Beck depression inventory


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Beck Depression Inventory

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Beck depression inventory

  1. 1. Beck Depression Inventory Carlos F. Martinez, M.Ed., MHA
  2. 2. General Test Information Title of Test: Beck Depression Inventory (BDI-II). Author: Aaron T. Beck, Robert A. Steer, and Gregory K. Brown. Publisher: The Psychological Corporation, 1996 (revision). Time to administer test: about 5 to10 minutes.
  3. 3. General Test Information Cost: BDI-II Complete Kit (Beck’s Institute)- Includes Manual and 25 Record Forms…$110.00 Restrictions in Administration: “C Level” qualification. Users must be licensed, certified or have a doctoral degree in psychology or related field.
  4. 4. Purpose and Nature of the Test Type: individual or group. Purpose: to assess the existence and severity of symptoms of depression, not to diagnose. Population: adults and adolescents 13 years of age and older. Population for which designated: it is intended to assess the severity of depression in psychiatrically diagnosed patients. Nature of content: Verbal (21 questions) with numerical score for each question.
  5. 5. Purpose and Nature of the Test (Cont..). Types of Items: Clients choose statements to describe themselves in terms of the following 21 areas: sadness, pessimism, past failure, loss of pleasure, guilty feelings, punishment feelings, self- dislike, self-criticalness, suicidal thoughts or wishes, crying, agitation, loss of interest, indecisiveness, worthlessness, loss of energy, changes in sleeping pattern, irritability, changes in appetite, concentration difficulty, tiredness or
  6. 6. Practical Evaluation Qualitative features: the BDI-II addresses the major components of clinical depression, both the psychological and physiological symptoms, and it certainly is portable! Ease of administration and clarity of directions: instructions are straightforward and clearly stated. The BDI-II is also very user- friendly in terms of ease and speed of administration.
  7. 7. Practical Evaluation Scoring: each answer is scored on a scale value of 0 to 3 and then combined with all other answers to calculate a total score:• 0 – 13: minimal depression• 14–19: mild depression• 20–28: moderate depression• 29–63: severe depression
  8. 8. Practical Evaluation (Cont.) Examiner Qualifications and Training: Little training is required to administer or score the test. However, the interpretation of the final score requires a professional with clinical training and experience (“C” Level).
  9. 9. Technical EvaluationNorm and Standardization sample:The outpatient sample included 500 clients. 317 (63%) women 183 (37%) men 454 (91%) White 21 (4%) Black 18 (4%) Asian 7 (1%) Hispanic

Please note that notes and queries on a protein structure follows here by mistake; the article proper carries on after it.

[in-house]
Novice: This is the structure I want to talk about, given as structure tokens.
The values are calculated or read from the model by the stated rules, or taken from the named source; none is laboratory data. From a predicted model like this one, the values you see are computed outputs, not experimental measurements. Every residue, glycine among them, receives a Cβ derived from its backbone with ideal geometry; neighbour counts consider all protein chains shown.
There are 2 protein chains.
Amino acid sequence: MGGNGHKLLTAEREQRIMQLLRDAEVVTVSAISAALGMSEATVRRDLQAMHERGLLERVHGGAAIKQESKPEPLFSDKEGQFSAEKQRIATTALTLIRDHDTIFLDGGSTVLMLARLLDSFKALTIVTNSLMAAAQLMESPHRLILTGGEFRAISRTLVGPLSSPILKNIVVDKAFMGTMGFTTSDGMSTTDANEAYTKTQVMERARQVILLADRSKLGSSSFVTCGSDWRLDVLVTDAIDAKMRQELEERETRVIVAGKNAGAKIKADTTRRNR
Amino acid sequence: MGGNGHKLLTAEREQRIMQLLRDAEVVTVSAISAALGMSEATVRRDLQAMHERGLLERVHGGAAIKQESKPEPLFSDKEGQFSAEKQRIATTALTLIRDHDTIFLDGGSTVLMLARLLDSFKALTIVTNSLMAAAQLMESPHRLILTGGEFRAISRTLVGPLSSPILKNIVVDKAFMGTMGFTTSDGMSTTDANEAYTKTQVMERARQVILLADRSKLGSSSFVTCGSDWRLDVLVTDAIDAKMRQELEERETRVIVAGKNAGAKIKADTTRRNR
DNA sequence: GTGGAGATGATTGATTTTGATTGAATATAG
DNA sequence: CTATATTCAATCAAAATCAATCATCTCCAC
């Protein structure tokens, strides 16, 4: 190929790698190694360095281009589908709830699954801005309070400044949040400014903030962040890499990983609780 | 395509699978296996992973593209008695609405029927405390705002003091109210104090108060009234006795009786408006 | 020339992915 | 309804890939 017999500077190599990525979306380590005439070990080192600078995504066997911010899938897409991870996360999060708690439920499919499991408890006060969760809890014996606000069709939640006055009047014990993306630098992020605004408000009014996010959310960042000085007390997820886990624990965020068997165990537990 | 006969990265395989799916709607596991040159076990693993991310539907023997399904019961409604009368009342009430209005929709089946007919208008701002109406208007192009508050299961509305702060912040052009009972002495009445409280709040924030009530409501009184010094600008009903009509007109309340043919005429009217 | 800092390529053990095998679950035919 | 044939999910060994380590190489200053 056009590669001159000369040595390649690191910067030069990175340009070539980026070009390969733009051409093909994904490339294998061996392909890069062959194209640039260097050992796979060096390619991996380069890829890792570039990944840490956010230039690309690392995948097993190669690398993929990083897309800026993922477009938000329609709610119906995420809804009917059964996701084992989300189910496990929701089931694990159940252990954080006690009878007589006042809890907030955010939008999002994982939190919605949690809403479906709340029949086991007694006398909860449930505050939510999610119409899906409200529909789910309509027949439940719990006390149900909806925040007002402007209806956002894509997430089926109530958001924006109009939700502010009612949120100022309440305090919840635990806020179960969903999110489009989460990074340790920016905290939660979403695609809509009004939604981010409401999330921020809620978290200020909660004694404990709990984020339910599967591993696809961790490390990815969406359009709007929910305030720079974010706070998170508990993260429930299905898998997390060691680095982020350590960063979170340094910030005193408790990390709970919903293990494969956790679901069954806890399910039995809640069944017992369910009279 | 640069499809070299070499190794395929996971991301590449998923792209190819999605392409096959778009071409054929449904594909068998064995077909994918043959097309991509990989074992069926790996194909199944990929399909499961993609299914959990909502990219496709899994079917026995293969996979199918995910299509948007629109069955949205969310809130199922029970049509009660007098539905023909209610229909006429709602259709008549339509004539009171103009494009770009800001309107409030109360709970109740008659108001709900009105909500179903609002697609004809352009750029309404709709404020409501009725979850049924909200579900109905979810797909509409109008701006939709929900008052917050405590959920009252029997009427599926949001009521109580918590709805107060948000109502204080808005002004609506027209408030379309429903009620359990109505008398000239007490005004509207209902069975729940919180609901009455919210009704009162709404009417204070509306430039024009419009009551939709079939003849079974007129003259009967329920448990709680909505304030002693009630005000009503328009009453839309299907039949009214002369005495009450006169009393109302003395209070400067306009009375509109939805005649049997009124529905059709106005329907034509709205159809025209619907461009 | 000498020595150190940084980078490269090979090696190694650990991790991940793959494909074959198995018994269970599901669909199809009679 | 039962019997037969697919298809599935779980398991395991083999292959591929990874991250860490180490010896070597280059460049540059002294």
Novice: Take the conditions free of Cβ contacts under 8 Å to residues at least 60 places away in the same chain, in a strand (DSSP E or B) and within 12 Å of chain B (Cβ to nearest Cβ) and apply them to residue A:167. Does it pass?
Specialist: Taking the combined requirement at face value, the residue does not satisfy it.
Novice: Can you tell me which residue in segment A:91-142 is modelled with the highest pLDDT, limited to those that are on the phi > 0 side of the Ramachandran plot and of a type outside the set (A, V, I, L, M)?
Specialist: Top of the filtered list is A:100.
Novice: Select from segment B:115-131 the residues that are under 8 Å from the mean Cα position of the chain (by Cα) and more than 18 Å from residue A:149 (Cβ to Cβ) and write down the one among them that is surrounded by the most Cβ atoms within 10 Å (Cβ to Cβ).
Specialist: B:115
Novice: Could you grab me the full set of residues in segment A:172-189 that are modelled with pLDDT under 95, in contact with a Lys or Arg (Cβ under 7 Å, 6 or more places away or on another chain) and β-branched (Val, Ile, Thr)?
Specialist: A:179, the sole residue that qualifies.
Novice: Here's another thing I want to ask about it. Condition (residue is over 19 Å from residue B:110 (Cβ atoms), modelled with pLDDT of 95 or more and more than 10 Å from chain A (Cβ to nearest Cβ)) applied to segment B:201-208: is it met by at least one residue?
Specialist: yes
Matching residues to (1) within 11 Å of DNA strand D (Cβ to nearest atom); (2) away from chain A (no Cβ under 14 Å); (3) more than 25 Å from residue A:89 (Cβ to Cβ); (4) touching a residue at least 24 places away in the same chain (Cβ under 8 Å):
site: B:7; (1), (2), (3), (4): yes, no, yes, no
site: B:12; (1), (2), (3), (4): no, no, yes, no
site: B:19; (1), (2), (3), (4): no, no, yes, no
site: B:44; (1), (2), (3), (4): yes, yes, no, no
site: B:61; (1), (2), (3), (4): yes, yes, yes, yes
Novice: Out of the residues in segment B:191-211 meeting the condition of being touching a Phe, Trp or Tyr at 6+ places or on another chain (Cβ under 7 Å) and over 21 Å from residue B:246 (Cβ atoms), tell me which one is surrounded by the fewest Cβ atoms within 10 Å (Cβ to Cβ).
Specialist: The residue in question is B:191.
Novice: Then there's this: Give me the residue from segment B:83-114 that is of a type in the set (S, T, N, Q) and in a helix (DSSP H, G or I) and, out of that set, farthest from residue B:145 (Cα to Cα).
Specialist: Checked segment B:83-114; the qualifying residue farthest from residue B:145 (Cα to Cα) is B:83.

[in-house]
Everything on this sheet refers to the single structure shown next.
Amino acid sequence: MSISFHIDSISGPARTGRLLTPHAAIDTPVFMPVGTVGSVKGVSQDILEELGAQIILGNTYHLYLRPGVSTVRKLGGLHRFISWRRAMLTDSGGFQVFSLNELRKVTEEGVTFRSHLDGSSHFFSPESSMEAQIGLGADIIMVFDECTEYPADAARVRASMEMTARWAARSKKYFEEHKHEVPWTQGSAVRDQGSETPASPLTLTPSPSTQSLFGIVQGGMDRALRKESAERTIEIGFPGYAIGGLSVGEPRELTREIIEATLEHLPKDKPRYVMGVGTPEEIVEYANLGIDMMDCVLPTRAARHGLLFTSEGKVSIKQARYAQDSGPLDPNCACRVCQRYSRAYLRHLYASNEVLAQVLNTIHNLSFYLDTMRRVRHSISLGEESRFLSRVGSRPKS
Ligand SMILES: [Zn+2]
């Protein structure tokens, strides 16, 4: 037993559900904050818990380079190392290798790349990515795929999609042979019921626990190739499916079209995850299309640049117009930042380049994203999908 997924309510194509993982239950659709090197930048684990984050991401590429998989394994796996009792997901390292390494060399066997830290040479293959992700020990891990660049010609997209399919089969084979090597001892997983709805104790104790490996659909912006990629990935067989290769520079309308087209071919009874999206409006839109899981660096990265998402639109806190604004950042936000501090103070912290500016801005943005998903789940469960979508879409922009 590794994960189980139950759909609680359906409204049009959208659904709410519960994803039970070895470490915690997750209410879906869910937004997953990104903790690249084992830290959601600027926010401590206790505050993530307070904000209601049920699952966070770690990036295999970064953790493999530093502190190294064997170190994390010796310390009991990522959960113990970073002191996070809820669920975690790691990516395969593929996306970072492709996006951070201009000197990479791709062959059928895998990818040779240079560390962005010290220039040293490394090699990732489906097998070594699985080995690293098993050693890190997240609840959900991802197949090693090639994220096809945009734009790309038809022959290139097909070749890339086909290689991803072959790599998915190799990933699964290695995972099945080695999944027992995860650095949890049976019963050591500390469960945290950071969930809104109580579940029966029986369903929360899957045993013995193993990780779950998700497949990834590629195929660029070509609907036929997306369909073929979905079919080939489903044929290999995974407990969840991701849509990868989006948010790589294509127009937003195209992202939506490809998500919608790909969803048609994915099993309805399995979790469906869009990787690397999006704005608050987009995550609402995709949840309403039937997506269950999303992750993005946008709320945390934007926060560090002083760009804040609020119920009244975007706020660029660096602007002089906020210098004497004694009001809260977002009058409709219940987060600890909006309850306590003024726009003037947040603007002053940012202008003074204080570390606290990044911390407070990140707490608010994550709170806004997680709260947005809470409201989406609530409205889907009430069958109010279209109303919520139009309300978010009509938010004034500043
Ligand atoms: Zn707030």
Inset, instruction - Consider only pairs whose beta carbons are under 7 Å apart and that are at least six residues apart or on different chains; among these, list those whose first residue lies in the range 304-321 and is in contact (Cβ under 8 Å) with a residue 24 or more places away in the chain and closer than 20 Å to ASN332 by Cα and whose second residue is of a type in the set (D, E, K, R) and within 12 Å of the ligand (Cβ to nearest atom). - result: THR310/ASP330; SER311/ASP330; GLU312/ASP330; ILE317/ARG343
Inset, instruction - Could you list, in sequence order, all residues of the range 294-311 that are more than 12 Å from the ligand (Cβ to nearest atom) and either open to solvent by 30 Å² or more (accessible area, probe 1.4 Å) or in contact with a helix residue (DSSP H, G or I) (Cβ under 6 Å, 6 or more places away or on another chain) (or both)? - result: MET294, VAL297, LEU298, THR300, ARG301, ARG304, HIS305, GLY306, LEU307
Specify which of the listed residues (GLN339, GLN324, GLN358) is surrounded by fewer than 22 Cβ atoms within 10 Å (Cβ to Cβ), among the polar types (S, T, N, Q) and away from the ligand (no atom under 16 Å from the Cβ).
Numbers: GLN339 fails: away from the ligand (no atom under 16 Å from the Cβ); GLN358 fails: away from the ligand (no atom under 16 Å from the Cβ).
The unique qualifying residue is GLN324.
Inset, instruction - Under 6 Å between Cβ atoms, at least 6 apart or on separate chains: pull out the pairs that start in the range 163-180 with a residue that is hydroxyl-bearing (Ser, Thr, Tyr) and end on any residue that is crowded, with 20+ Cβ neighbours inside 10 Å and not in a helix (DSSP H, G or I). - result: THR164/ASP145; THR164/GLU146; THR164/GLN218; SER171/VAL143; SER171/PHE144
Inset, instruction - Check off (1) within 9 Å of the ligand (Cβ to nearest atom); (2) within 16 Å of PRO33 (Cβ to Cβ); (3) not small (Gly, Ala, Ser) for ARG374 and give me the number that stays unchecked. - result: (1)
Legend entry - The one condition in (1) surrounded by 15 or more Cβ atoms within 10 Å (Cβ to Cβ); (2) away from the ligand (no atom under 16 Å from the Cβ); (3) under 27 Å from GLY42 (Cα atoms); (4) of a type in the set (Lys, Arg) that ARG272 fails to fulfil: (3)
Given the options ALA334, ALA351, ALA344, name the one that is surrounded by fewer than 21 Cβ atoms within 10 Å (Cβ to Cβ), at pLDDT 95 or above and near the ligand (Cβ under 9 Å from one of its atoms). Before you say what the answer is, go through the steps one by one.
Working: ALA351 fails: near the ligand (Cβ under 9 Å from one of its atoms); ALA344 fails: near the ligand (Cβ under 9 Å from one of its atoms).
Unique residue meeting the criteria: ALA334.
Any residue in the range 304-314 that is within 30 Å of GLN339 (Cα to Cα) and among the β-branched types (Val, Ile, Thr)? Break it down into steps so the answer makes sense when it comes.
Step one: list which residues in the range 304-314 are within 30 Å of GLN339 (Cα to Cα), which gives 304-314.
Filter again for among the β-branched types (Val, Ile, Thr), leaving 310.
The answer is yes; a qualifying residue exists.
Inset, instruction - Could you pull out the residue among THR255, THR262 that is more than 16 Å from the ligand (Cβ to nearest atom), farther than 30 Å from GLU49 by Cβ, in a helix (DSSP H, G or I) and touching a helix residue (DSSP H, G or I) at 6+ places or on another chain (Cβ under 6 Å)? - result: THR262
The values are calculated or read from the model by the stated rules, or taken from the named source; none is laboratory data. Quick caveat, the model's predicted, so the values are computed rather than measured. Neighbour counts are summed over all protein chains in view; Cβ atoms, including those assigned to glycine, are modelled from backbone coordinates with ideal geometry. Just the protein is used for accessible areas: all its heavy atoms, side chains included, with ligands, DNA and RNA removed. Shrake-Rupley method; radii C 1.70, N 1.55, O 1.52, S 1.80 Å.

10. 10. Technical EvaluationStandardization sampleStudent Sample: 120 college students from University of New Brunswick in Canada 56% women 44% men 100% White
  11. 11. Technical Evaluation Reliability: a one-week test-retest correlation of .93 resulted from a study of 26 outpatients who had been referred for depression and took the BDI-II during their first and second therapy sessions (Beck et al., 1996).
  12. 12. Technical Evaluation Validity: One of the main objectives of this new version of the BDI was to have it conform more closely to the diagnostic criteria for depression listed on the DSM-IV. It has demonstrated strong evidence of convergent validity (i.e. r= .71 with the Hamilton Psychiatric Rating Scale for Depression – HRSD).
  13. 13. Cultural Evaluation Not enough research on the psychometric properties of the BDI-II among minority groups. The standardization sample is not demographically representative of the U.S. population. Minority populations were extremely under- represented.
  14. 14. Cultural Evaluation There is no information regarding socioeconomic status or residential location of test users. Most tests are based on western (US) definitions and cultural practices, so clinicians should be cautious when using it. I would use it since there are no culture-free tests.
  15. 15. Reviewer’s Comments Dr. Elizabeth Peterson-Vita (Clinical Director at Mecklenburg County Area Mental Health) has used the BDI-II more than 2,000 times and recommends it.Strengths: Helpful to get empirical scores for depression. Can use it again a few days later to track symptoms. It has a high internal consistency. It also has high content validity.
  16. 16. Reviewer’s CommentsWeaknesses: Like other instruments it’s not like a blood test where you get a more accurate result. Clients can minimize or exaggerate when answering. In her experience adolescents usually minimize. Other clients may exaggerate to seek disability and compensation. Cannot treat it as if it speaks the “truth.”
  17. 17. Summary Evaluation The BDI-II is probably one the most used inventories when measuring depression. Many clinicians use it to assist them when measuring the severity of depression in clients. Like many other inventories, there are limitations and problems.
  18. 18. Resources Beck Institute website ( Beck Depression Inventory Manual Mental Measurements Yearbook. Personal communication with Dr. Elizabeth Peterson-Vita (Clinical Director at Mecklenburg County Area Mental Health)